BOOK TEN The Grace of the Witch (Fitzgerald, tr.)
Then toward Olympos through the island trees
Hermês departed, and I sought out Kirkê,
my heart high with excitement, beating hard.
Before her mansion in the porch I stood
to call her, all being still. Quick as a cat
she opened her bright doors and sighed a welcome;
then I strode after her with heavy heart
down the long hall, and took the chair she gave me,
silver-studded, intricately carved,
made with a low footrest. The lady Kirkê
mixed me a golden cup of honeyed wine,
adding in mischief her unholy drug.
I drank, and the drink failed. But she came forward
aiming a stroke with her long stick, and whispered:
'Down in the sty and snore among the rest!'
Without a word, I drew my sharpened sword
and in one bound held it against her throat.
She cried out, then slid under to take my knees,
catching her breath to say, in her distress:
'What champion, of what country, can you be?
Where are your kinsmen and your city?
Are you not sluggish with my wine? Ah, wonder!
Never a mortal man that drank this cup
but when it passed his lips he had succumbed.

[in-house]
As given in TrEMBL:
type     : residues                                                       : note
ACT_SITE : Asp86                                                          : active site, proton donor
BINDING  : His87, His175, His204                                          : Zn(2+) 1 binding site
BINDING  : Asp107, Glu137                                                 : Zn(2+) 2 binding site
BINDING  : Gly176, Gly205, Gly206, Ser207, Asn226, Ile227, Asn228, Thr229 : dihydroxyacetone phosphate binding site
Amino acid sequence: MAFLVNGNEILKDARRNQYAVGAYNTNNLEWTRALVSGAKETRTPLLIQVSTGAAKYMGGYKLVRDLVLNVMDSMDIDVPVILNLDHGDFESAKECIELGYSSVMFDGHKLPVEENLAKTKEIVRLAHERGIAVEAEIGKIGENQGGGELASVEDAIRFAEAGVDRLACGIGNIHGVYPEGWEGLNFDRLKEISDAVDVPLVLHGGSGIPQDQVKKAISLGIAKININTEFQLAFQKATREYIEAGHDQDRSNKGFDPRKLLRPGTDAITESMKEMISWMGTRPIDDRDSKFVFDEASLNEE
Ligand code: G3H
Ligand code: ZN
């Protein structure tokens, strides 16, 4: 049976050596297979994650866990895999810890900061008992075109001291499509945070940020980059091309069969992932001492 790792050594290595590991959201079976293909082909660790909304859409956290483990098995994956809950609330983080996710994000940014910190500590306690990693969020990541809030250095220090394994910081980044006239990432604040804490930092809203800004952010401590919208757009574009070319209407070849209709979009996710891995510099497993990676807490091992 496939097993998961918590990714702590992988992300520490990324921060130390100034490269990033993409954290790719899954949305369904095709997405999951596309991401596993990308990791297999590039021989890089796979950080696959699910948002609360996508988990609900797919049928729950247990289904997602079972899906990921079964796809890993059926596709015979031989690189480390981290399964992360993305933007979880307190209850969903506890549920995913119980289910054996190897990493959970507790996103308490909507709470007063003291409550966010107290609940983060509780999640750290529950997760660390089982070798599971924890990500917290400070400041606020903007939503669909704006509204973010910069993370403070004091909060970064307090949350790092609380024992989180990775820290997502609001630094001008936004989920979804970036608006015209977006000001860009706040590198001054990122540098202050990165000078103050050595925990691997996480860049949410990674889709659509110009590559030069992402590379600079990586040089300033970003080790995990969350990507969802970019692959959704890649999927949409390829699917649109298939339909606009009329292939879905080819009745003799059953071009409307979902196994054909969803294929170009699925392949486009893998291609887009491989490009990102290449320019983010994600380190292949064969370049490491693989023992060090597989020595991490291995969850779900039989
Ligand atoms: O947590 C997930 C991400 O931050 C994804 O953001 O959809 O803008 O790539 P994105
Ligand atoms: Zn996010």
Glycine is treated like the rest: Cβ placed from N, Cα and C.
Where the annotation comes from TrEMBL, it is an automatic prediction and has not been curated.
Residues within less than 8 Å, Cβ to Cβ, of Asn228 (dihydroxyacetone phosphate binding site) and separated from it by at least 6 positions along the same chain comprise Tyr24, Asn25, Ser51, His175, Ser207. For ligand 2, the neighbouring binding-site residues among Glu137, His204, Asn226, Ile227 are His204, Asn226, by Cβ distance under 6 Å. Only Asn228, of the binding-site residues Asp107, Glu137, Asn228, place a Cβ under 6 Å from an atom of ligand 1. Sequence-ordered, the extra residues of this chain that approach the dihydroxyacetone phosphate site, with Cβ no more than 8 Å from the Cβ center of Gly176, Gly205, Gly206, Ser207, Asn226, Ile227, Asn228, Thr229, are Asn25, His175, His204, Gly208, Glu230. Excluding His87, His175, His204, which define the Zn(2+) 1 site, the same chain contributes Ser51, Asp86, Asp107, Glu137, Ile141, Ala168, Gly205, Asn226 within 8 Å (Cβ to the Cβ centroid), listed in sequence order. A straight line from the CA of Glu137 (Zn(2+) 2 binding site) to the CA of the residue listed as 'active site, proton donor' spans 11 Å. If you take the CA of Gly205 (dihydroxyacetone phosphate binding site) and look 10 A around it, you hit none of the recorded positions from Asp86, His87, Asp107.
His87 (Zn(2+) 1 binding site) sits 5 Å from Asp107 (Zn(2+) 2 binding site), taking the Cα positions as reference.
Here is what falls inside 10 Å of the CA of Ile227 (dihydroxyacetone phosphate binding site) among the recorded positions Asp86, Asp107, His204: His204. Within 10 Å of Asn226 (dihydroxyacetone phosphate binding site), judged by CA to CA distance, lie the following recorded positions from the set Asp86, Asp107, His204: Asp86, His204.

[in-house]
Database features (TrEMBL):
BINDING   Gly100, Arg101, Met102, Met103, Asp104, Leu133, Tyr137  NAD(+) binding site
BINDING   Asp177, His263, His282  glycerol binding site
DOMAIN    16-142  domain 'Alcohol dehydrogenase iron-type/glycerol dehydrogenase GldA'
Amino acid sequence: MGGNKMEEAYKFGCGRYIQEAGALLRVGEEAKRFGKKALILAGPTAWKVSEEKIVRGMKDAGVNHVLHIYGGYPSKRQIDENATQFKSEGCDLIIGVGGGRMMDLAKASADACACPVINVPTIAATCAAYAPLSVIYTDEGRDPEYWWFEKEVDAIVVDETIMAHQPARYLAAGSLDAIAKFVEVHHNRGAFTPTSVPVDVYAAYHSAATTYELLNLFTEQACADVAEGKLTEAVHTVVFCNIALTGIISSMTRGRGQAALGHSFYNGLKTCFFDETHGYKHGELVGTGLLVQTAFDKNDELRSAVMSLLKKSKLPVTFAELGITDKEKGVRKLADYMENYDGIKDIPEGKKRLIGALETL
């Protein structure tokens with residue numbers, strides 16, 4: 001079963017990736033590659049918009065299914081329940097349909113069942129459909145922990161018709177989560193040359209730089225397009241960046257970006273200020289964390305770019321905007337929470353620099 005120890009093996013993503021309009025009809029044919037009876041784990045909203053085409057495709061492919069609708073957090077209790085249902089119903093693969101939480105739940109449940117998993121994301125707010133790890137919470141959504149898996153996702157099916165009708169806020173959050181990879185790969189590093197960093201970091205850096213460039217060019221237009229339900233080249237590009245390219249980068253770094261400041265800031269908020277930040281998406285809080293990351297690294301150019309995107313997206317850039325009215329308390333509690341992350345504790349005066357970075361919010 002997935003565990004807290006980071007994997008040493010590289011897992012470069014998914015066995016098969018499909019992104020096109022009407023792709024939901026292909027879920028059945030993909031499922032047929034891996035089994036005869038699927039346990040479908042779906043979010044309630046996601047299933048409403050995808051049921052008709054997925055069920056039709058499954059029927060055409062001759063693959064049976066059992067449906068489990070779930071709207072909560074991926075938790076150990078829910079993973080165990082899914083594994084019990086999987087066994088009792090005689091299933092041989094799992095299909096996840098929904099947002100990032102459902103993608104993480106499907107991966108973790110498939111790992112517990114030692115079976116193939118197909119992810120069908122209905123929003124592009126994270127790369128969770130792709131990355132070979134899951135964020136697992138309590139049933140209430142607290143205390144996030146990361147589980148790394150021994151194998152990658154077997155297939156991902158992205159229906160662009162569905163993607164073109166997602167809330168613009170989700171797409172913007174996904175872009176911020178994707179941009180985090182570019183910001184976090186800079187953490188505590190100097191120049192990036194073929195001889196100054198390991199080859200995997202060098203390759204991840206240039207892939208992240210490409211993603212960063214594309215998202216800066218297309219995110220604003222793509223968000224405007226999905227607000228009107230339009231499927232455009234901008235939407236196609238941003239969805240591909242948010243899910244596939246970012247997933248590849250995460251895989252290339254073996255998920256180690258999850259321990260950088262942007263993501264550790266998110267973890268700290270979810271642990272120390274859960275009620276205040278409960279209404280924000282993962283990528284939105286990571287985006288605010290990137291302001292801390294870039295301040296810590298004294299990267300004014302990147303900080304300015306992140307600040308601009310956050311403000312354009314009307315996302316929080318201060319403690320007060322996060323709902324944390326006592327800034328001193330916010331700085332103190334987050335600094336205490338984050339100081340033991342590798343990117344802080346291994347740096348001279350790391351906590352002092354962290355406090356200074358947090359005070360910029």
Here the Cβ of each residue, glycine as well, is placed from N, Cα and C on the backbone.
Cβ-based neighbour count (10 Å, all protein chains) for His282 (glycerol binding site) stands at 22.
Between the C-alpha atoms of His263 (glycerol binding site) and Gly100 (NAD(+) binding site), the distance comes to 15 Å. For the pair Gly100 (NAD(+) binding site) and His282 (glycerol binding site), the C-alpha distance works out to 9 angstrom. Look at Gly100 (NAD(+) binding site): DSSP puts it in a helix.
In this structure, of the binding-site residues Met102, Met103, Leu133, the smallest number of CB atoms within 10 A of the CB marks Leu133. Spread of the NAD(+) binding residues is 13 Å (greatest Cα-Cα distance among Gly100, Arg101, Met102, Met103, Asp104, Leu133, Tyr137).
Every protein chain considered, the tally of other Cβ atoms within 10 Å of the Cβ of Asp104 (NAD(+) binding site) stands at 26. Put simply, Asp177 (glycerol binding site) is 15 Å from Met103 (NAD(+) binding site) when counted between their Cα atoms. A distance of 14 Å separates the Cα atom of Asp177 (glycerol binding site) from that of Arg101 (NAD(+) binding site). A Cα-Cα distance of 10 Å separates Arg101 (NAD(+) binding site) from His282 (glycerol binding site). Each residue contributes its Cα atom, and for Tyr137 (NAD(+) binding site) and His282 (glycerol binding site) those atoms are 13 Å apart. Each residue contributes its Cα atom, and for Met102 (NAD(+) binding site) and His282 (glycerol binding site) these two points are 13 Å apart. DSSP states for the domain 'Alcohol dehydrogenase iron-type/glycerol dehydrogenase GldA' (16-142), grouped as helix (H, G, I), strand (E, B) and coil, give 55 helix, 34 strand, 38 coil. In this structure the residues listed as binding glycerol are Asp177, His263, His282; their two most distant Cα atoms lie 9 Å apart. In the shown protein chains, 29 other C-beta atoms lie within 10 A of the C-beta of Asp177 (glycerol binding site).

Hale must our heart be and your tempered will.
Odysseus then you are, O great contender,
of whom the glittering god with golden wand
spoke to me ever, and foretold
the black swift ship would carry you from Troy.
Put up your weapon in the sheath. We two
shall mingle and make love upon our bed.
So mutual trust may come of play and love.'
To this I said:
'Kirkê, am I a boy,
that you should make me soft and doting now?
Here in this house you turned my men to swine;
now it is I myself you hold, enticing
into your chamber, to your dangerous bed,
to take my manhood when you have me stripped.
I mount no bed of love with you upon it.
Or swear me first a great oath, if I do,
you'll work no more enchantment to my harm.'
She swore at once, outright, as I demanded,
and after she had sworn, and bound herself,
I entered Kirkê's flawless bed of love.